fast, easy to do, save you a s*** lot of time. cost barely nothing to do, and can accomodate many different size on the same sheet (indeed it would be best to put the same kind of color / BW and small / big print together.

    As for how much it cost approx. Depending of the printer you get it could be as low as 1.50$ for a 8x10 print on glossy paper on a epson r260 (89$) or else in the same family, a 4x6 cost around 40 cents.

    i use to do that for my family stuff that dont need to be scan on my Imacon, was fast and for the web,email, slideshow, or small print this is all it take. Now thanks for the digital era ; ) a canon a540 and a epson picturemate and my wife is good to go on her own for the kid multiple pictures. LOL
  20. Looks like I may have got to the party late LOL.
    Kodak has a line of document scanners hidden away that few photographers know about which sound perfect for you; they are being used by service companies to scan in those infamous "shoeboxes full of pictures".
    I've used the i660 myself to transfer old photos and snapshots to DVD, and know of some photo labs using the i1220.
    The i660 lets you stick in a big stack of any sized prints wallet sized and larger (it scans up to 12x30 inch) in any orientation. The scans are excellent, if 300dpi/24bit works for you, and it crops to size automatically. The included software allows easy rotation of the imported images.
    If the scanner is out of your reach (the i1220 runs about $1000), there are some good labs out there offering their services for a reasonal price. Just google for shoebox scanning.
  21. Why bother? Use a service like www.scanmyphotos.com and enjoy life. The Wall Street Journal did a test of similar services [creating digital archive of family photos - slides/prints]. Just pack up the photos and send them out, receive cd/dvd.
  22. Again, great feedback. It appears that reasonable scanning options exist, as well as the http://wwww.scanmyphotos.com service which also looks quite reasonable.

    The next newbie question: is 300dpi good enough? (And a side note: I'm not sure what the "24bit" means in the "300dpi/24bit"; comments?) Wayne Fulton seems to think so:


    Bob Williams also provides some additional (possibly redundant) comments:


    Does the community here feel these comments to be legitimate?
  23. 300 ppi for same size is OK, if you plan of emlarging any one of them you will need more ppi, like 600ppi 9to double the size of your original) or 900ppi (to triple the size).

    24bit mean 8bit per channel R G B, 8 + 8 + 8 = 24bit.

    Sorry didtn read the info in the link, so i cant comment.

    The easiest route and the cheapest one will be the option i have describe earlier. If you are ready to pay and enjoy a mohito while someonelse is doing the job, the scanmyphotos sound like a great alternative...hiring a kid at 4$hre also sound like a good idea ; )
  24. Get a quote from Jaincotech.com. They specialize in volume scanning for pro photogs on Imacon 949 scanners. They work by custom quote only but as an example I get 4x5 transparencies scanned in 16 bit, 2050 dpi for $14 each. This includes dust spotting. Likely 35mm scans will be a lot less. Ask for Guatam Pai and tell him I sent you.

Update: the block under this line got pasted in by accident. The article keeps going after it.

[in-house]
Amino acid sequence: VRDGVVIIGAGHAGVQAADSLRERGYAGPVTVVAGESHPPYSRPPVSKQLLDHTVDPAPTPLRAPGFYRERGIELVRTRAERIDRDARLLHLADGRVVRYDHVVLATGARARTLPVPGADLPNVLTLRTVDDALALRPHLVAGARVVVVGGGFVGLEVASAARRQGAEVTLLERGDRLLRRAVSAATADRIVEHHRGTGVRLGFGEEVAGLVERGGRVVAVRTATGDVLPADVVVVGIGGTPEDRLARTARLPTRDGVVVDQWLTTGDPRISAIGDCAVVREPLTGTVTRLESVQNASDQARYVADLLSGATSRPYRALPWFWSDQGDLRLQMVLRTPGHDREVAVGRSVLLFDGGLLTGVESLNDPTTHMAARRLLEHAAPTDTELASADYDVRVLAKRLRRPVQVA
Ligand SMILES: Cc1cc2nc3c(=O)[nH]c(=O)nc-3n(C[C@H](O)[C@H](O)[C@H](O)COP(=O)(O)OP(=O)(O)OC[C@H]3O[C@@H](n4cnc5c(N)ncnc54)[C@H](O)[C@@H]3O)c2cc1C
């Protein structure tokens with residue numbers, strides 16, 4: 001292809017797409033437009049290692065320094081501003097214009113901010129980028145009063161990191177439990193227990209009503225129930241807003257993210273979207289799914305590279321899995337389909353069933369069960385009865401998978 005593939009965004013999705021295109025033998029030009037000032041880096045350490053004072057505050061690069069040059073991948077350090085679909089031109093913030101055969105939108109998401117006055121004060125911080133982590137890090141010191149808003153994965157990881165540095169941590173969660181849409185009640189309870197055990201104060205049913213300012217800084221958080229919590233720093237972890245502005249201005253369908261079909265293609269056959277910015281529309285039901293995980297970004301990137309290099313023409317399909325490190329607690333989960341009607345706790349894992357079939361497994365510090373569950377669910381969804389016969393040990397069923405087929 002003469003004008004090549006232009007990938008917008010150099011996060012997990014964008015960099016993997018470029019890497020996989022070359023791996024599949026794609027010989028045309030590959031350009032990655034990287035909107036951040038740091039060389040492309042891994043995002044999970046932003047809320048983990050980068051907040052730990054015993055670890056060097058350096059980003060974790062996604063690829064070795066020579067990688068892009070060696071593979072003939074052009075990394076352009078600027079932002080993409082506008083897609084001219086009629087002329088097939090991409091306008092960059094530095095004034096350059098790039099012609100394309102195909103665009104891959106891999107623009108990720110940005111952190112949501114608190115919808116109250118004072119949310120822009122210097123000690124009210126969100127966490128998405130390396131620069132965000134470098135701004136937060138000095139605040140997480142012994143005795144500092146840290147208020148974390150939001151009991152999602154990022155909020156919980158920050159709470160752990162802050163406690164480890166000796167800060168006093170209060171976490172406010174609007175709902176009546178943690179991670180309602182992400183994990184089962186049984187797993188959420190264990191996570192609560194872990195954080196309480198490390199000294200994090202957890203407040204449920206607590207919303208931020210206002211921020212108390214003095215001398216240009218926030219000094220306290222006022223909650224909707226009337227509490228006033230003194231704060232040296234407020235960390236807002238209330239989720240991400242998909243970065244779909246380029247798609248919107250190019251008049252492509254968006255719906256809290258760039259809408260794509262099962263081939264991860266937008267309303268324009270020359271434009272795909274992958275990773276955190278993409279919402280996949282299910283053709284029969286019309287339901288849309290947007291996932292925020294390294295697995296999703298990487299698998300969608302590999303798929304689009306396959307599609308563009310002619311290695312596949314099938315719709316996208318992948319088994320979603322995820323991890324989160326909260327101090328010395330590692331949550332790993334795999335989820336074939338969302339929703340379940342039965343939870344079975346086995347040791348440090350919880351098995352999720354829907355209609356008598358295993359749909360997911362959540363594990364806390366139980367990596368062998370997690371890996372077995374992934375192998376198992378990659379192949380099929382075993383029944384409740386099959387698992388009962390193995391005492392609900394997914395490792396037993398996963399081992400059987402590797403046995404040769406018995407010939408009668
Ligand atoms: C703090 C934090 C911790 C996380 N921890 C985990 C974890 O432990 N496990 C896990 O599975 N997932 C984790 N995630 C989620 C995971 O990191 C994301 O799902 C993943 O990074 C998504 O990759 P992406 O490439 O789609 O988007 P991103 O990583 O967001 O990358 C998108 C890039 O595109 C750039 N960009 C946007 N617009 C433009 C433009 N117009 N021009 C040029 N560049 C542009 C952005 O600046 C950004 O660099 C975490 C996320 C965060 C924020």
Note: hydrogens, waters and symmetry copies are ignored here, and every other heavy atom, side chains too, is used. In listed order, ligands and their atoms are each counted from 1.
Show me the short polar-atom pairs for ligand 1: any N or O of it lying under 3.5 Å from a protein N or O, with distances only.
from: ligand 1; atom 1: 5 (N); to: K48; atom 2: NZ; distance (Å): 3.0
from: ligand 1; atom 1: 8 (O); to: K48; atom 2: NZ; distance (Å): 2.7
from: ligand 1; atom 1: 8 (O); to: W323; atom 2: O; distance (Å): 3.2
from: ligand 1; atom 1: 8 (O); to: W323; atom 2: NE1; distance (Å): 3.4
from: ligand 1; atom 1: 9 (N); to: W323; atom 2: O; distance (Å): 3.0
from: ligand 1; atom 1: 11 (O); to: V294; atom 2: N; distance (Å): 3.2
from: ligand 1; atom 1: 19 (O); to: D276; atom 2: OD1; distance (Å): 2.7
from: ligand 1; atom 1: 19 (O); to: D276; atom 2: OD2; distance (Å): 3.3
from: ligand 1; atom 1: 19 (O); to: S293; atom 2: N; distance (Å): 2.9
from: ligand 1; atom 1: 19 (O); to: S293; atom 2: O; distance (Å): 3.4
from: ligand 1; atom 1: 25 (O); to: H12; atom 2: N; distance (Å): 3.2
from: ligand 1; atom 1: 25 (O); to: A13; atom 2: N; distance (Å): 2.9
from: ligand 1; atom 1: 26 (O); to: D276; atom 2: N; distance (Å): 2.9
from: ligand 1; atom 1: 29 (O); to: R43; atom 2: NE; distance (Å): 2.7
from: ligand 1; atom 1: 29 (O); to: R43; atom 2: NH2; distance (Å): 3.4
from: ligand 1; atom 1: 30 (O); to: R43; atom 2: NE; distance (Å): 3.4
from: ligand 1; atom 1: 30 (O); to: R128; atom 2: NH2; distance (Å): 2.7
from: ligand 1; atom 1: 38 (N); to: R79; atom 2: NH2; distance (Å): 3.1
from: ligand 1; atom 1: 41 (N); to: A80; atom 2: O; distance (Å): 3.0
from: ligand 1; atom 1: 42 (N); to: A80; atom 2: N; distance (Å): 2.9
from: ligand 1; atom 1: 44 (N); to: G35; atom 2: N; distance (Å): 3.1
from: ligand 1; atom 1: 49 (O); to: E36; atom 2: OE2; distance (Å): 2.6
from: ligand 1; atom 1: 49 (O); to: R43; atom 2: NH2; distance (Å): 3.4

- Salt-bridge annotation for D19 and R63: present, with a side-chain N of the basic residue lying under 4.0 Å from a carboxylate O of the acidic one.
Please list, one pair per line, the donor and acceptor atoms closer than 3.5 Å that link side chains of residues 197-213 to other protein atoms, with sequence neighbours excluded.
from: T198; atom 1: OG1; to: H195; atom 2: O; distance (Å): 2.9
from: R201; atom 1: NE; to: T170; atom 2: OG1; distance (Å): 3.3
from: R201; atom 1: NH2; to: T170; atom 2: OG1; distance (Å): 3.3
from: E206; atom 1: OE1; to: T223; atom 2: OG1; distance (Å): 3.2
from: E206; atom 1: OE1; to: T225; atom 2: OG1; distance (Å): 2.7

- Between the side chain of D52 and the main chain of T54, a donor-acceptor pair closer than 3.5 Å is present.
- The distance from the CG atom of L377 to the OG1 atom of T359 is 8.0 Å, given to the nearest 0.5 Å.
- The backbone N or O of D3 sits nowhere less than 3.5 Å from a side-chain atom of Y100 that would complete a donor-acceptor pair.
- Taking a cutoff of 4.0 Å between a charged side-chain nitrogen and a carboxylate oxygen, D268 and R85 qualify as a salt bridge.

25. "The SnapScan sounds great. I can certainly wait for you to run a test."

    I got around to running a deck of 4x6 prints through my SnapScan. It does indeed work fine. The hopper will take about 30 prints and scan at maybe around 20 prints/minute. Stack the prints long side down so that the actual transport takes less time than the other orientation. You can also add to the hopper continuously as the hopper runs through its stack.

    I mis-remembered one thing though. It's better to scan one image per PDF. If scanning multiple images to a single PDF, the softeware won't insert page breaks on print boundaries.

    One more thing. Be careful that the prints don't have left over glue or stickiness on the back. That'll contaminate the rollers and leave you with streaks on subsequent scans (and a cleaning job.)
  26. As far as the i1220 / s1220 Kodak scanners: I would not recommend either one. Actually, the much more expensive s1220 scanner seems to be a repackaged i1220 with some photo editing software that isn't near as good as Picassa.

    These scanners consistently have green streaks going through the entire image in all heavily colored or dark areas of photos. Not acceptable for photos but perfectly acceptable for documents without much color-- but then again, that is really what this scanner is -- a document scanner. I know this because I am now on my third i1220 / s1220 and Kodak's Rochester, NY tech guys have no clue what they are doing or selling.

    I operate a family archiving company in San Diego and we literally scan thousands of photos per week. I personally will not give up until I find a quality alternative to flatbed scanning and I'll make sure to keep everyone posted on what solution I find. For now, forget about Kodak's "Photo Scanning System" because that is simply false advertising.
  27. You are looking for somebody else to scan your shoebox cheaper than you can. Thats impossible. Its like paying sombody to cut your fingernails; tie your shoes; because "it's a tedious chore".